Typical industrial vision customers are OEMs and, to a certain extent, large end users looking to integrate vision into their own processes. ‘But industrial vision is becoming more and more complicated,’ observes Heinrichs. The plethora of interfaces available, and the growing range of applications, makes every customer’s needs unique.

By contrast, NET’s work in the medical industry is stable by comparison, where the main areas of interest are endoscopy and dentistry. ‘We have a number of long-term, loyal customers, whose needs evolve over time, but remain more or less the same. We only supply the board cameras here. It goes into a product that belongs to our customer, so we don’t need to worry about marketing or branding etc.’

When NET first started, there were very few Western manufacturers of camera technology; now, the landscape has changed dramatically. But one of the biggest changes that Heinrichs has noticed coincided with the advent of digital cameras. ‘When digital cameras were first introduced,’ he says, ‘some manufacturers realised the importance of software, while others didn’t. We recognised that it was the software that could provide the flexibility and customisation that our customers required. It also accentuated the need for local support, as customers need direct access to the software engineers in their own territories.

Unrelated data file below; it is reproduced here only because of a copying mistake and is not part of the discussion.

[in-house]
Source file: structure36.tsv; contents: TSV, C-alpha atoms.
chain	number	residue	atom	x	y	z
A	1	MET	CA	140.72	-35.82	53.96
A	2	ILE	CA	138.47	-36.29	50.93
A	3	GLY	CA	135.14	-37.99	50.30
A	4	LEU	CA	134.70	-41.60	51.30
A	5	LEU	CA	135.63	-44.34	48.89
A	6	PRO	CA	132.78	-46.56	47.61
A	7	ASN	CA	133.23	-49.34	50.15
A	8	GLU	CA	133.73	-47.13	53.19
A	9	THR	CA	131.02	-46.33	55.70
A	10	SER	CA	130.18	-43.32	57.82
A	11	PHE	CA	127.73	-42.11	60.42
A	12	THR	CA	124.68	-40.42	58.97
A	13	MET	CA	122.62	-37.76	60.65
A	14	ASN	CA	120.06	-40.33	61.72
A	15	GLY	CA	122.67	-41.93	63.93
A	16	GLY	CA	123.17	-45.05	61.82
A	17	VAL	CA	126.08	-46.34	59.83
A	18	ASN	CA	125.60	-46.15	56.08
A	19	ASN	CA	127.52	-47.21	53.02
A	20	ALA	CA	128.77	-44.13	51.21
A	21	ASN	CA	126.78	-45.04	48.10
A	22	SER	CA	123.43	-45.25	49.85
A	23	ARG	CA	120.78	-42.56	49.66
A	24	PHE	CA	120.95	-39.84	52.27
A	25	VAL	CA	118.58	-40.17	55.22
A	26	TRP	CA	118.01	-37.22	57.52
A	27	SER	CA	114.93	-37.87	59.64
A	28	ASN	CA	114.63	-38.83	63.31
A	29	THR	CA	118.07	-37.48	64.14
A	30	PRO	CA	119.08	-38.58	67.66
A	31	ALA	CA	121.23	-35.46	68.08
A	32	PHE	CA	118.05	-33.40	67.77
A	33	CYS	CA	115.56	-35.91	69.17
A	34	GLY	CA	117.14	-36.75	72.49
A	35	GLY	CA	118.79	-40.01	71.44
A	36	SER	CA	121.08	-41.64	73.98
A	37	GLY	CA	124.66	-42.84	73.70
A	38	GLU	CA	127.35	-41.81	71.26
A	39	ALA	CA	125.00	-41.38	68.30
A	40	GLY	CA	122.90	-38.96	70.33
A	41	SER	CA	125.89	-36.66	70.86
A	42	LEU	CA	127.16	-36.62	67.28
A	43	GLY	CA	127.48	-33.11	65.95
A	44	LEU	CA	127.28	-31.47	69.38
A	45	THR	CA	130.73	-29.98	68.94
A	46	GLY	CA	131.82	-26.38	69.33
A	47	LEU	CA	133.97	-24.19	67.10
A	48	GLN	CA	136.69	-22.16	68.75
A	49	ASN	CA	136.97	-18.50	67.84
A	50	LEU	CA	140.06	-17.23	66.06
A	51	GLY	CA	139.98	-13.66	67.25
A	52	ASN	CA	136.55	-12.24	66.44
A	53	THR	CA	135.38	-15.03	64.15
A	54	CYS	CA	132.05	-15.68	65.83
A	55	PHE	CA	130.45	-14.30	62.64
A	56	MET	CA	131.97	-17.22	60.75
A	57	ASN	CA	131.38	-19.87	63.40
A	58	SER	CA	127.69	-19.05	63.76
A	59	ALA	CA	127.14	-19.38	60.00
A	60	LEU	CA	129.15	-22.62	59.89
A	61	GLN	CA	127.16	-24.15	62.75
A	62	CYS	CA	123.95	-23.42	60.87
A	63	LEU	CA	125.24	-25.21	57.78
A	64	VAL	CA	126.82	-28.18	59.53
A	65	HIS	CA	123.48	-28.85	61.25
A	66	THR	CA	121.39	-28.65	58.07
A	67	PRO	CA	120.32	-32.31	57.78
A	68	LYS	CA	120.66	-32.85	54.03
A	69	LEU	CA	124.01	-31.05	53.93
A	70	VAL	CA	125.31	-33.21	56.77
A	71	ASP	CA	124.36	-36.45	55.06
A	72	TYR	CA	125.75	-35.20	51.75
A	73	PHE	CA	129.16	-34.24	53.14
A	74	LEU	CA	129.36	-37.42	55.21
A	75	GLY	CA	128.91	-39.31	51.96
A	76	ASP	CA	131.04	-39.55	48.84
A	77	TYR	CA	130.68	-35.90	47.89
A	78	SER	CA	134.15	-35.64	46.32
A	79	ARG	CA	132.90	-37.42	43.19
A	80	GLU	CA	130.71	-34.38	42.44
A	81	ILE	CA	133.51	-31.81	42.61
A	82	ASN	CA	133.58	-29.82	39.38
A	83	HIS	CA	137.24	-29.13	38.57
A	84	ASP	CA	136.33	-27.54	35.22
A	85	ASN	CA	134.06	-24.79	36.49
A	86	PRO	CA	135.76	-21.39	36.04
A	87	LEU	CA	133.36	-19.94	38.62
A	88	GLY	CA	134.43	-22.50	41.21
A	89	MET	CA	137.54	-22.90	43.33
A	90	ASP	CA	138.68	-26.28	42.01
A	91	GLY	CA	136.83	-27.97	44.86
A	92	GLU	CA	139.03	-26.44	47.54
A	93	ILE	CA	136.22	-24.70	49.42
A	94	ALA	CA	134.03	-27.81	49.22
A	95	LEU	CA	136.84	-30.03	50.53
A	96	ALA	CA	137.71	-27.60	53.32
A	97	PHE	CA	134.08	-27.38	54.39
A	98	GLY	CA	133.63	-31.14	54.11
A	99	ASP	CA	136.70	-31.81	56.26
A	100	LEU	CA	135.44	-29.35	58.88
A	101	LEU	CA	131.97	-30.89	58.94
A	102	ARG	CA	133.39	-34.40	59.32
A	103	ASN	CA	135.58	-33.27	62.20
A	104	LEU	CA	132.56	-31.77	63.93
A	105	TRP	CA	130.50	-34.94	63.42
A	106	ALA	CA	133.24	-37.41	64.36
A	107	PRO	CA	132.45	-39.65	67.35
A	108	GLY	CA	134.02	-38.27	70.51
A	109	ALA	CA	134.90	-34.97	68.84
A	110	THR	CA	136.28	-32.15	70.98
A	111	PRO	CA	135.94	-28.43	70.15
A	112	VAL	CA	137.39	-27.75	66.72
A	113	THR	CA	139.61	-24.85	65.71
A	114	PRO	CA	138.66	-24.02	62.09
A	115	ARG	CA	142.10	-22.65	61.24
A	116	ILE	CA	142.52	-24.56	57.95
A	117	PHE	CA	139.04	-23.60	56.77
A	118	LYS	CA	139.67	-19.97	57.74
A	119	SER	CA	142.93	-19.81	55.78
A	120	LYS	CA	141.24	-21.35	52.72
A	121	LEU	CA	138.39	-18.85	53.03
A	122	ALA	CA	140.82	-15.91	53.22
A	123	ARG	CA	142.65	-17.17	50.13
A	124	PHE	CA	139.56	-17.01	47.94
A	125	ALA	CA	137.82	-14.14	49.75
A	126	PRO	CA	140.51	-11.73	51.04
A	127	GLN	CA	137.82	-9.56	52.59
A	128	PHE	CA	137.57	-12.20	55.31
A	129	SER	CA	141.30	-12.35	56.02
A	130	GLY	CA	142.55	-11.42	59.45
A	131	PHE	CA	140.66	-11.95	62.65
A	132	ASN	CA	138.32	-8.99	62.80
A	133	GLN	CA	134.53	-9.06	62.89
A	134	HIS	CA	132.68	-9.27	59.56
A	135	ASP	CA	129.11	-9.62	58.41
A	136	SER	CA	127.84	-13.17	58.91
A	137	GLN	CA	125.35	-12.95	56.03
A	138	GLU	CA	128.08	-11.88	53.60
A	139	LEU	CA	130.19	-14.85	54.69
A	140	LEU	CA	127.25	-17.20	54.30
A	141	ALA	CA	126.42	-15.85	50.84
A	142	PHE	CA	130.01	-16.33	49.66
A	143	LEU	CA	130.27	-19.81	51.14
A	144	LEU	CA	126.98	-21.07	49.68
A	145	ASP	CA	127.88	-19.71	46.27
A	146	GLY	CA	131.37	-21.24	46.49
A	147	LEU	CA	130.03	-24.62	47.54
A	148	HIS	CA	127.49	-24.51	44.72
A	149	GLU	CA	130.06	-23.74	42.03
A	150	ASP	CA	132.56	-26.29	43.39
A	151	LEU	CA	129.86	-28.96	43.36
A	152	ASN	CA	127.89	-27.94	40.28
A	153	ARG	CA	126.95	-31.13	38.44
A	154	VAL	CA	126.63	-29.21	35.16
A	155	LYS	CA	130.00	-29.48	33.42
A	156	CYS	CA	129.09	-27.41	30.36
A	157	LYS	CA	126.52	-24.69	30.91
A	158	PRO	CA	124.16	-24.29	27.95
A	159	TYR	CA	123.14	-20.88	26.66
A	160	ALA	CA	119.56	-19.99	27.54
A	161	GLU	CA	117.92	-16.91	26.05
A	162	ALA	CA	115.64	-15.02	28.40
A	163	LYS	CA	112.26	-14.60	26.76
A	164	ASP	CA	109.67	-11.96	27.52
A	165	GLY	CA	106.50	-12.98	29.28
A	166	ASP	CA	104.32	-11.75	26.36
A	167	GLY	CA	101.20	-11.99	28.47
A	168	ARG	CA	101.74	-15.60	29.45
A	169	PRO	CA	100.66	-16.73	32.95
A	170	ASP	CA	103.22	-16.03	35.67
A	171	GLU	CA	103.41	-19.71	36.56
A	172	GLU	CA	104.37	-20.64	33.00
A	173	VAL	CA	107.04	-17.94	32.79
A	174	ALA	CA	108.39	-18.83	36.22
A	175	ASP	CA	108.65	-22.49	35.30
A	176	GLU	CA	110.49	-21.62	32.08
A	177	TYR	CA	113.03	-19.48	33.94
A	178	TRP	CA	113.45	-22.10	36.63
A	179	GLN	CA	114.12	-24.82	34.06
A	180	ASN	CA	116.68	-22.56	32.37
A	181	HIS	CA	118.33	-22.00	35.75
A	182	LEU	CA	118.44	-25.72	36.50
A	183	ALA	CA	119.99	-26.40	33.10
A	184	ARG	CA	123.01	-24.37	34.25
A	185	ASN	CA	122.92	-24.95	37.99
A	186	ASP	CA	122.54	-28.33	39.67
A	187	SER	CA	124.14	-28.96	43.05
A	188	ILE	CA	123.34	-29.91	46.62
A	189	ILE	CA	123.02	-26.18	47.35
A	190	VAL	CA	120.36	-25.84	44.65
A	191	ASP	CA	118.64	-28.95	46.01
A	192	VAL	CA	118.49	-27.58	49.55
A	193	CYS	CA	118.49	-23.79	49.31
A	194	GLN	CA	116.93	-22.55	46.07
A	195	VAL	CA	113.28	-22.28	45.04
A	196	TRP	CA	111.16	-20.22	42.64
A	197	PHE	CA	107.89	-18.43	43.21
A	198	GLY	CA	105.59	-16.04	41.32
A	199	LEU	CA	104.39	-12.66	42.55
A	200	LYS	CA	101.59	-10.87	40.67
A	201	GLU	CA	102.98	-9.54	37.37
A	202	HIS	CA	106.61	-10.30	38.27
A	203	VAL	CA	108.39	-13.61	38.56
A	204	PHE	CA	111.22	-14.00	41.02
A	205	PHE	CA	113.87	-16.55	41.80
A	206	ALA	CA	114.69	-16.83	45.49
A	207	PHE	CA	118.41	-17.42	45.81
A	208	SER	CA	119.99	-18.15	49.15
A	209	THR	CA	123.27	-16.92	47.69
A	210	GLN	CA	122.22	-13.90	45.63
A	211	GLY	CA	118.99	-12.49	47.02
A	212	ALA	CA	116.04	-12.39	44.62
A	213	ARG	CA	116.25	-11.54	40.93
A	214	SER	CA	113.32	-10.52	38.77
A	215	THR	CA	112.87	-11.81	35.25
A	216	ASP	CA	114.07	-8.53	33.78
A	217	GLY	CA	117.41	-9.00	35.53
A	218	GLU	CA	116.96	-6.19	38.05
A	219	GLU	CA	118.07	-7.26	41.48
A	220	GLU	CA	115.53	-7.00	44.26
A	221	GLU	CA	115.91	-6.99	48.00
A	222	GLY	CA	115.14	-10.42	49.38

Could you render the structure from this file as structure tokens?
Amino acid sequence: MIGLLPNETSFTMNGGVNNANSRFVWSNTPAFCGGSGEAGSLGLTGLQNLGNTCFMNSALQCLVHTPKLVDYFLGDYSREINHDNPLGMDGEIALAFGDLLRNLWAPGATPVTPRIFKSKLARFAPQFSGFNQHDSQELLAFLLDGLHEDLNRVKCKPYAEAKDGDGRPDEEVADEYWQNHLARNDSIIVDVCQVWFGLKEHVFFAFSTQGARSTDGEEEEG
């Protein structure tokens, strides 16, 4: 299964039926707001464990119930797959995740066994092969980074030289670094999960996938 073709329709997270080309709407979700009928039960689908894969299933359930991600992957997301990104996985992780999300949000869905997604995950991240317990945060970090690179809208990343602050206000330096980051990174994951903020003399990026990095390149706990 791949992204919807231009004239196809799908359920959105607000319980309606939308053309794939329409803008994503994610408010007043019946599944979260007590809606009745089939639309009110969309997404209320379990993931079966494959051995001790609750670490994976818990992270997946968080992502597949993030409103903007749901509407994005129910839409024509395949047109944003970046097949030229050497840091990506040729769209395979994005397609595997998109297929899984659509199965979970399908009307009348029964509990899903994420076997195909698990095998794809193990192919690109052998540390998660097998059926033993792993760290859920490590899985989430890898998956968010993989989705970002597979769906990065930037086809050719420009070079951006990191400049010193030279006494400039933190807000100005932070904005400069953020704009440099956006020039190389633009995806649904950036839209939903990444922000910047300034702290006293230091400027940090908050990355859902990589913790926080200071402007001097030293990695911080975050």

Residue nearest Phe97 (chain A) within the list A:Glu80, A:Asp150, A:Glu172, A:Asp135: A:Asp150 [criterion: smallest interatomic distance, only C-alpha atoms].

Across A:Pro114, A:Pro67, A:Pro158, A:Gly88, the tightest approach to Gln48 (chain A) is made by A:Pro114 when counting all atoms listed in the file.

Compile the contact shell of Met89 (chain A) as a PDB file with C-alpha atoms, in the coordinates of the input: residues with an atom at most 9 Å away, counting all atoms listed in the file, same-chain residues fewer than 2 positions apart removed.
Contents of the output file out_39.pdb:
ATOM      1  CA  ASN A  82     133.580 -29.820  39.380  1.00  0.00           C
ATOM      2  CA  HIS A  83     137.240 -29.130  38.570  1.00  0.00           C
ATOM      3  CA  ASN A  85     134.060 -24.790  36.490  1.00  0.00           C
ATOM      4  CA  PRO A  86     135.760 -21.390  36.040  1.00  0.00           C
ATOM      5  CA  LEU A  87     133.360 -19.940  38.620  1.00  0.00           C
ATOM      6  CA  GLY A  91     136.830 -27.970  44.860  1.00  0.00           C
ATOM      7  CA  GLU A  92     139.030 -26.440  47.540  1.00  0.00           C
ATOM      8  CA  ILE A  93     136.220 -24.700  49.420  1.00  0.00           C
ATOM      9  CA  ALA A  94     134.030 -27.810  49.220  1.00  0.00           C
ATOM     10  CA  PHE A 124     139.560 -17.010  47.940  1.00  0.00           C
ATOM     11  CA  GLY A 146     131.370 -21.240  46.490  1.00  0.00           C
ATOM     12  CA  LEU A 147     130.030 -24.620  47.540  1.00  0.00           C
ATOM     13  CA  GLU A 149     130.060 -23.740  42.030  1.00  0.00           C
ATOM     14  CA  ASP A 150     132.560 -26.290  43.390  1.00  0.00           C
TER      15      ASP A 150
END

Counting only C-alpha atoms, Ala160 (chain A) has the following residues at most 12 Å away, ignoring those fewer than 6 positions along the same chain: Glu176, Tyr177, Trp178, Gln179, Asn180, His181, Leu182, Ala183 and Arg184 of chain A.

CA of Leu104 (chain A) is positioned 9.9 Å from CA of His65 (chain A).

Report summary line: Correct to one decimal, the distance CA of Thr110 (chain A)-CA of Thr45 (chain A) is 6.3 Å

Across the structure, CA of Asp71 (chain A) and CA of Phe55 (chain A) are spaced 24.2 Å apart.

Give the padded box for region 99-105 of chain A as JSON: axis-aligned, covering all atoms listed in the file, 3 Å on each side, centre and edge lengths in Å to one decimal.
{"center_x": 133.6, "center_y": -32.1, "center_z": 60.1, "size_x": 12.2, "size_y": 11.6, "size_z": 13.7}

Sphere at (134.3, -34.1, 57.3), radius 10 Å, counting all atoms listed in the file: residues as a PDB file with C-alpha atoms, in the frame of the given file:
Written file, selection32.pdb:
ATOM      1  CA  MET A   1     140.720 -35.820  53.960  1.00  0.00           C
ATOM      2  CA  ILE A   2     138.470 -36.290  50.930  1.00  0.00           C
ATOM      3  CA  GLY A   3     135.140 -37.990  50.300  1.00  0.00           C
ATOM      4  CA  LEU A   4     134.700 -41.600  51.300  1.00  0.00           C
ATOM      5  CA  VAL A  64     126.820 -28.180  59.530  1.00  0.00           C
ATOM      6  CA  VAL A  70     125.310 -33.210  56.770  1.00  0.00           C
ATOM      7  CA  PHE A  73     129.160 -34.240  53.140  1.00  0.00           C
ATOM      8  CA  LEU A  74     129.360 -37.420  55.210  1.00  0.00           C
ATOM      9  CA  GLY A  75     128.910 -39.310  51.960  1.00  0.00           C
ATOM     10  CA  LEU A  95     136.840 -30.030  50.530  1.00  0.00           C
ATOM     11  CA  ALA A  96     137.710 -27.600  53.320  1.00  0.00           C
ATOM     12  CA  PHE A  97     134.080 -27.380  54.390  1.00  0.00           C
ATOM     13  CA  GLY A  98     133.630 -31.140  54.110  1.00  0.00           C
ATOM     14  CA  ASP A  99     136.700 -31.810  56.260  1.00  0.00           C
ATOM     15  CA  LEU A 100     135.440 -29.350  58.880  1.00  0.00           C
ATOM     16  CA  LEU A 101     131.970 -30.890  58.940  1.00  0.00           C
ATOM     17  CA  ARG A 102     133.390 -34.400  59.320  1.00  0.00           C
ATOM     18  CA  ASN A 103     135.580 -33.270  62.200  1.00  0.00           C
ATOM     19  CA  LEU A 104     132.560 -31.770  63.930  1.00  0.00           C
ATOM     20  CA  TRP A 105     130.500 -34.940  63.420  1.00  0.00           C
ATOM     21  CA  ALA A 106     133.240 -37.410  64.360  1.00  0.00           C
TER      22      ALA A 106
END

‘This meant we also had to expand our recruitment policy. While hardware engineers knew the importance of software, and could understand the fundamentals, they weren’t really in a position to develop full software packages. As a result, we began to recruit software engineers as well.’

Today, NET is a global company. At its headquarters in Europe, it handles sales and marketing, product development, technical support and an assembly group. In the US, there is a small facility handling sales, technical support and some testing, while in Japan there is an office that handles sales and also purchasing of components. Finally – and perhaps most significantly – there is a manufacturing facility in Korea. The company now employs around 70 people worldwide.

NET also owns shares in a mechanical production facility, located close to its Munich base, which provides the company with any mechanical components it needs. All other elements of production are outsourced.